I have a new Amalgam Insights paper out called “Providing a Rapid Response to Meltdown and Spectre for Hybrid IT“. It’s sponsored by CloudPassage. The paper is free from them.
There are billions of PCs and mobile devices affected by Meltdown and Spectre. That’s a big problem for OS vendors. For enterprise IT, there is also the need to deal with hundreds of millions of host servers and the virtual machines running on them. Meltdown and Spectre highlight just how difficult it is to update and patch hybrid systems with hosts, virtual machines, containers, and cloud servers in the mix. Don’t despair! There are solutions.
In February and March I was in Mexico City for two weeks. I was then in Ireland for ten days in April. In both instances, I realized that I have become completely dependent on the ability to access voice and data networks anywhere and at any time. Why the revelation? Because I didn’t have access to the local mobile phone network in both places. All of a sudden, I didn’t have access to Google Maps on demand. I couldn’t communicate instantly with other people to meet up or change plans. If I saw something interesting, I couldn’t just call up Wikipedia or a web site to find out more. When I didn’t remember to check Yelp beforehand, I had to just guess at the quality of restaurants. It was as if I was suddenly transported to a digital version of the Middle Ages.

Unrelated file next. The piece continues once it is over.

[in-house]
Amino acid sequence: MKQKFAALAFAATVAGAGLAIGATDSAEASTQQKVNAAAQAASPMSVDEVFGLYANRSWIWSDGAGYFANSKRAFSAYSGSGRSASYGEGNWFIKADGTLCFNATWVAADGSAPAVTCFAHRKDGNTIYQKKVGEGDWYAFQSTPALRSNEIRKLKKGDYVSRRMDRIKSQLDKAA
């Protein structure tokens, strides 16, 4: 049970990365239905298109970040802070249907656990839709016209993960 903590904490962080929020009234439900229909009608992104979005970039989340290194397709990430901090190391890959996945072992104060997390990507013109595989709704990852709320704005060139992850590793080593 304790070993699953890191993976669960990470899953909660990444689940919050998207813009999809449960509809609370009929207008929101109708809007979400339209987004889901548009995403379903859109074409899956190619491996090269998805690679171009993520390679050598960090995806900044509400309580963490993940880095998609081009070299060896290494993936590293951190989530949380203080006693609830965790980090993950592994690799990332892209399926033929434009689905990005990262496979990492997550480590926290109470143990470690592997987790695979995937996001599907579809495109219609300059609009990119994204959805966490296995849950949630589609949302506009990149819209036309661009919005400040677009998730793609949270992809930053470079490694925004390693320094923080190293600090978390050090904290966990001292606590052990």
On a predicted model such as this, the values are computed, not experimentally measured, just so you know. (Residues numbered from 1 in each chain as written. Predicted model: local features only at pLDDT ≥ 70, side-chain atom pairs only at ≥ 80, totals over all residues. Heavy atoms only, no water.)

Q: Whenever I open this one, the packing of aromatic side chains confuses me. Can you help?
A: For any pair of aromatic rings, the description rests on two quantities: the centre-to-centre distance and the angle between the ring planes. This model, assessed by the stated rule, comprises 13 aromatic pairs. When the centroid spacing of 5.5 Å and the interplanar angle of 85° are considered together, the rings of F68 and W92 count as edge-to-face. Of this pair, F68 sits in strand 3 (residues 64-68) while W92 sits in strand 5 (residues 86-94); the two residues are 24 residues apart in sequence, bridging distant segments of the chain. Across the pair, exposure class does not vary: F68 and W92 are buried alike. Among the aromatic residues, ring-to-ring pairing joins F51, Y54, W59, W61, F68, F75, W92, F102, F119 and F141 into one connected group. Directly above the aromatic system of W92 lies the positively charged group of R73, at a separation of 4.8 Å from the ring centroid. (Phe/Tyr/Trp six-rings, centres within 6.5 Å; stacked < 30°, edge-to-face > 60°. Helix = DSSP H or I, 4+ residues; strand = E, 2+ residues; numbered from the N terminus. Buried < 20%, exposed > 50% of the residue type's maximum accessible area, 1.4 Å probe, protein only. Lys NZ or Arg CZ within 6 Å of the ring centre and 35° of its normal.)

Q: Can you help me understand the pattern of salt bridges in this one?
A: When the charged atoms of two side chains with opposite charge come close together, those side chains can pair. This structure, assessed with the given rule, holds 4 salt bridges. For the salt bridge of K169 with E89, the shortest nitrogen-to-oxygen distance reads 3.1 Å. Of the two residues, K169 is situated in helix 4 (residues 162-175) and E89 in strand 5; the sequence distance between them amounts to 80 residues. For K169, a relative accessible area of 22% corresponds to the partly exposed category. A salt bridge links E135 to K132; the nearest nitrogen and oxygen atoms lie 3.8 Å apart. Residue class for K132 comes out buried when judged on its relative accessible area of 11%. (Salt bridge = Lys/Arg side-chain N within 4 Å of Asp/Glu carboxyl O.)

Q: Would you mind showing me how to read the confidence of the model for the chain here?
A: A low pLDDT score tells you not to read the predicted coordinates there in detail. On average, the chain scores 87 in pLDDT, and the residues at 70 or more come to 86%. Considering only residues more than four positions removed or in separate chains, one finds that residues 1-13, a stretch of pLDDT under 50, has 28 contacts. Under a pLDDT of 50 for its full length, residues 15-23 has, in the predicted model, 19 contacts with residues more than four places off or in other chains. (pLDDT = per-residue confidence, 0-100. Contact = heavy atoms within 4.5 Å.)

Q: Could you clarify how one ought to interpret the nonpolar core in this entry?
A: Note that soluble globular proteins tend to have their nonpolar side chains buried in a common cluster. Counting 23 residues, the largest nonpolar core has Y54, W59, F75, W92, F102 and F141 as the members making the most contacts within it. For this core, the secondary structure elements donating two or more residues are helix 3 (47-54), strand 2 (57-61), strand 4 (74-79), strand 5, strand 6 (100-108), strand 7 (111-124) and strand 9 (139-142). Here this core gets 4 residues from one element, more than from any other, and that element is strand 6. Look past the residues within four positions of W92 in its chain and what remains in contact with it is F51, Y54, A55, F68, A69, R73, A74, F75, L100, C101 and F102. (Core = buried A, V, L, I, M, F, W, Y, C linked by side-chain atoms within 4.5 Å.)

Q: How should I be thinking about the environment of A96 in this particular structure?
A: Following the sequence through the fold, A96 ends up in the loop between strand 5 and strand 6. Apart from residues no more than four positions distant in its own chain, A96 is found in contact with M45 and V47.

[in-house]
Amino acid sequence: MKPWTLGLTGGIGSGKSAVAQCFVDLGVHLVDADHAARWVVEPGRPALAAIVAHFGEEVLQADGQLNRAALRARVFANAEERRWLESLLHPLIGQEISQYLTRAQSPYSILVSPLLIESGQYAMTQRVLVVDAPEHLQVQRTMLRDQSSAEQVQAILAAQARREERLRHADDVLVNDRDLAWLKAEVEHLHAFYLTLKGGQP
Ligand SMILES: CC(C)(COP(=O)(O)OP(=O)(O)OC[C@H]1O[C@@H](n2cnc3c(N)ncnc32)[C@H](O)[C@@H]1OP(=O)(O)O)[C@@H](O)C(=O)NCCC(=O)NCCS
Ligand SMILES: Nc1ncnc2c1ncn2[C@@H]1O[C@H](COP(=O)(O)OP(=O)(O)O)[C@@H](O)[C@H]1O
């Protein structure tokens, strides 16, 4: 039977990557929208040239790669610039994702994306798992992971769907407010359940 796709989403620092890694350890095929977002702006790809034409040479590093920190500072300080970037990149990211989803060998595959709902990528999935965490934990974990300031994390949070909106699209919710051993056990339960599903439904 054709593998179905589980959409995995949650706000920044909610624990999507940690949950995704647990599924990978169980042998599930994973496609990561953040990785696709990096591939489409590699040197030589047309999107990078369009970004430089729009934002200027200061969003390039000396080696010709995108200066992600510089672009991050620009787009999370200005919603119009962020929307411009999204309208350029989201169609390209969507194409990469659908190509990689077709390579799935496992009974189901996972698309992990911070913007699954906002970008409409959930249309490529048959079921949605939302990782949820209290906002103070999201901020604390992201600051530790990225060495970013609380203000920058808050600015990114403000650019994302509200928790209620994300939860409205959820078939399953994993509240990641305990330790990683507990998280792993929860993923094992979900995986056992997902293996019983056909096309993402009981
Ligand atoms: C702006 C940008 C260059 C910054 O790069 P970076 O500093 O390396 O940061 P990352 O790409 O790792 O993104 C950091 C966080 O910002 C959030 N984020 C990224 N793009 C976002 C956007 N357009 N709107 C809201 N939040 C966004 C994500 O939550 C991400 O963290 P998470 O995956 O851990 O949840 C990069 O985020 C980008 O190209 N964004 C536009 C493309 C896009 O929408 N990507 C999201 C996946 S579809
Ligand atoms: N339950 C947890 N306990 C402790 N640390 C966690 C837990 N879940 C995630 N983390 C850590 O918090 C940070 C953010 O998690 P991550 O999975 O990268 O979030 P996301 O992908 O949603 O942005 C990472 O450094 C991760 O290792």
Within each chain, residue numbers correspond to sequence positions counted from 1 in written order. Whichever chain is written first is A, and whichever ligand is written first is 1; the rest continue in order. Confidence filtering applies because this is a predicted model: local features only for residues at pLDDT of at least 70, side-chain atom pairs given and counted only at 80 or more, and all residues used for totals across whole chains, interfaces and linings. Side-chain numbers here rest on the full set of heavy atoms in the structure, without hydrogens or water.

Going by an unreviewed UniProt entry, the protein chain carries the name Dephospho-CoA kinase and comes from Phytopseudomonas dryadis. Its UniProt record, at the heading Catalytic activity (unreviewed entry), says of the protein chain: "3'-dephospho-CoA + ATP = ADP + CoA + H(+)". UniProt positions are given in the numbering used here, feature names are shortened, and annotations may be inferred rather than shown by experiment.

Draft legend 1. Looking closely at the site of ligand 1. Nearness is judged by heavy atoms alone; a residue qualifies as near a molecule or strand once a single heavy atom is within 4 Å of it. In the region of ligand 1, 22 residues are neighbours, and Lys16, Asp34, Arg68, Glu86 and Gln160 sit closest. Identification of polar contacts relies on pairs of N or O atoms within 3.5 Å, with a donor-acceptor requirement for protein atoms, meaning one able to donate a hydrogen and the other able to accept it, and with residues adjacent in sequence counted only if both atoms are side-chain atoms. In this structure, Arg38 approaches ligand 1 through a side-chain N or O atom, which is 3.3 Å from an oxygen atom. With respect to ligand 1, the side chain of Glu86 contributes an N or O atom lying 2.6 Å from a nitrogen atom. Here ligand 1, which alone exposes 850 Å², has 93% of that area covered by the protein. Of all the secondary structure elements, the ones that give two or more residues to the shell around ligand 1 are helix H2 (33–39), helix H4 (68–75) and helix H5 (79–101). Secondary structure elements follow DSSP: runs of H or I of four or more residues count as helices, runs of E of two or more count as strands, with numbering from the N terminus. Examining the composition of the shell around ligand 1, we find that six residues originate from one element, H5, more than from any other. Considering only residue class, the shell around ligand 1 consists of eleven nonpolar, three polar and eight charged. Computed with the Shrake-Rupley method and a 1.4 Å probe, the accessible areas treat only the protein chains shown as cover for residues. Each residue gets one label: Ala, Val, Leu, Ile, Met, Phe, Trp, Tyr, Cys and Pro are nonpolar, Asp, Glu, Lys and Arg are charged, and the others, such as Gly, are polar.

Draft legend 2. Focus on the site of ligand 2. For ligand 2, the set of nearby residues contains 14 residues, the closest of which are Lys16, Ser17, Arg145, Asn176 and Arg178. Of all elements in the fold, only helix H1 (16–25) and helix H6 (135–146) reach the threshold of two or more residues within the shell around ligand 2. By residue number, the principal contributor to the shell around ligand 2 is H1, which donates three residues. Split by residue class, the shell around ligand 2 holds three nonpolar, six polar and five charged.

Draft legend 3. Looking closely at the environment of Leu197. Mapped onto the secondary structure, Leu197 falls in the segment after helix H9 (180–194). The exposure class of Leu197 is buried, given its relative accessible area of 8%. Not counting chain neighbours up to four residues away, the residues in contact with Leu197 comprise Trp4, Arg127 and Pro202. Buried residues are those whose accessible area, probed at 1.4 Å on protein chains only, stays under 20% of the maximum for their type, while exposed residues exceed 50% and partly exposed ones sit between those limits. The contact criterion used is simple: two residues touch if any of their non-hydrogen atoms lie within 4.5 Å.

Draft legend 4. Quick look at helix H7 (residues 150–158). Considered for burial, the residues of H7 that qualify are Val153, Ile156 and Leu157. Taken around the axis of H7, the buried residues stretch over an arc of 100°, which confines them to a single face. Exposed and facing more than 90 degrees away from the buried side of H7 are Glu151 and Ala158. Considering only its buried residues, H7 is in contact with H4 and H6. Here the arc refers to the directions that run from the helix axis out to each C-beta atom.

It also became apparent how both useful and unhealthy it was to live constantly connected. There was no doubt about the convenience of calling up information wherever I might be. On the other hand, constant checking to see if a place had open Wi-Fi no matter where I was or why I was there can’t be good psychologically or socially. There I was, looking out over the Cliffs of Mohar in western Ireland, one of the great natural wonders of the world, looking for an open Wi-Fi network. Thankfully, I had the presence of mind to put away the stupid phone and just enjoy the moment. The fact that I was almost craving email was certainly not a good sign.
This is what we have become in less than fifteen years. We may not be physically jacked in like a protagonist in a Cyberpunk novel but we are psychologically addicted to constant connectivity. We are losing the skills to schedule events, meetup, or navigate a city without a networked device. In the future, losing connectivity will be like losing electricity; We will lack the ability to survive without a network.
It just shows that there is a dark side to the marvelous devices we have created – our reliance on them. Maybe this is what should frighten us the most about AI. We may become so dependent on software, devices, and networks that won’t be able to function without them.